Support for the singing leader

Another area which was highlighted was the increased need for the leader themselves to have external support to mitigate any potential impact on their own mental health and wellbeing. There was a feeling that much greater emotional resilience is needed to deliver singing for mental health and wellbeing. Clearly, self-care is important, but there should be a duty of care from the organisers to ensure the good health and wellbeing of the singing leaders in the same way that employers would approach health and safety standards in the workplace. Depending on the settings and how challenging they may be, the leaders may also benefit from receiving some supervision and support from mental health support workers.

Mental Health Knowledge

Needless to say, there is a need for any one leading and delivering singing for mental health and wellbeing to have a level of awareness, knowledge and understanding of mental health. Depending on the setting, leaders may also be asked to contribute to case notes. As mentioned previously, the leaders need to have a level of awareness to help avoid triggers that may affect participants. This increased awareness should also improve a leader's ability to observe and respond to the group.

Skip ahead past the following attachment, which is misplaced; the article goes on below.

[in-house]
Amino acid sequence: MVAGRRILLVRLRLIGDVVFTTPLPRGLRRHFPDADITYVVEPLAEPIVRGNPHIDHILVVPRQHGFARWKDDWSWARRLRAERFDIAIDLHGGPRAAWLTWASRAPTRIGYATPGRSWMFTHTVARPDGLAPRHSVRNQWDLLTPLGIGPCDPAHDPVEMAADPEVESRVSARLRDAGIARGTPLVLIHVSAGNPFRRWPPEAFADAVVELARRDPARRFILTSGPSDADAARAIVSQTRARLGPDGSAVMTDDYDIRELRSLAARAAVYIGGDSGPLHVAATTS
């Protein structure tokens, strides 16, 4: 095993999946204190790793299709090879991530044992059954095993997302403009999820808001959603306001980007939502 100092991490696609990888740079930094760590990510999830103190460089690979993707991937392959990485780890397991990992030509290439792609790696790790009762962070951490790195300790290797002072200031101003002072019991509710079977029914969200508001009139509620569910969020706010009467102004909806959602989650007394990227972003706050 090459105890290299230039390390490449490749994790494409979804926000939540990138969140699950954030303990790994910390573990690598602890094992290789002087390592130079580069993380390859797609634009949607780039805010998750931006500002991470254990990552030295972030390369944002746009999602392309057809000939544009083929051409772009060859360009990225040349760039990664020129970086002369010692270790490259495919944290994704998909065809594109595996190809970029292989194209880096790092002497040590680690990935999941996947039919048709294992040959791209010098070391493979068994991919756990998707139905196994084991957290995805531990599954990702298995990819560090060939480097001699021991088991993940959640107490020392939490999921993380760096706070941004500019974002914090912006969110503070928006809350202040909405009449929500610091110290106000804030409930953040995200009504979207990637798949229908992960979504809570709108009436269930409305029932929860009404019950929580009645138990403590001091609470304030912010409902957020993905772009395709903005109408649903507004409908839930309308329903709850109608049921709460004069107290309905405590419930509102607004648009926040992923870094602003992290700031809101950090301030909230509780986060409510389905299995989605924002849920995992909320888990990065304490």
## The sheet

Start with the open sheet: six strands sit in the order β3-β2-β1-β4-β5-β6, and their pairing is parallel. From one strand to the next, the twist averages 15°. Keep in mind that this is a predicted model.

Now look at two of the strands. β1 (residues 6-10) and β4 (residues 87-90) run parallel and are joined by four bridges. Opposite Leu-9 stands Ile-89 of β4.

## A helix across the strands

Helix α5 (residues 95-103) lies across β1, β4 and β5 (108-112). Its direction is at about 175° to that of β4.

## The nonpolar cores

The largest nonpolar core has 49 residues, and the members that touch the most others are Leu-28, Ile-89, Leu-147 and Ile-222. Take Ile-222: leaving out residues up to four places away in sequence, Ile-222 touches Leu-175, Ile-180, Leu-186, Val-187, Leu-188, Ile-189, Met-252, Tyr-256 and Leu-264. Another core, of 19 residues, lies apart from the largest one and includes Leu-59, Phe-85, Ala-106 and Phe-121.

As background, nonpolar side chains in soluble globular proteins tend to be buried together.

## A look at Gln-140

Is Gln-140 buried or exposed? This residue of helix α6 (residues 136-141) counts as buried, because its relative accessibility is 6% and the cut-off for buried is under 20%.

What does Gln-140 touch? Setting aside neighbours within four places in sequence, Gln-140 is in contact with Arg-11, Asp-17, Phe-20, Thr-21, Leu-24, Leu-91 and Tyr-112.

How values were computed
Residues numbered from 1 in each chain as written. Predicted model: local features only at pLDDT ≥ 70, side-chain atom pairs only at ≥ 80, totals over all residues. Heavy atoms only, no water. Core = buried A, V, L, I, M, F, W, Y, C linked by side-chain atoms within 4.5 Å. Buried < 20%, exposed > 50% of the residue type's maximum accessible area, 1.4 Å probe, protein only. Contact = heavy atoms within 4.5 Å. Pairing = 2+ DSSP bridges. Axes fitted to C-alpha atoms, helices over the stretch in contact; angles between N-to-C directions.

Your thoughts

We hope some of these ideas have inspired you to think about how you set up your singing groups. Naturally, they will spark many more questions and the discussions we had during our focus group were complex with many more ideas arising that we've still got to unpick and consider. This is very much just the beginning of an exciting journey in developing singing for mental health and wellbeing and ensuring that many more children, young people and adults can experience the life-changing benefits of singing.

We'd love to hear your thoughts and experiences. What are your views? Have you got experience running singing sessions for mental health and wellbeing? Do you agree with the ideas explored by our focus group? Have you got more to add?

Want to know more about the benefits of singing? Check out our list of relevant research.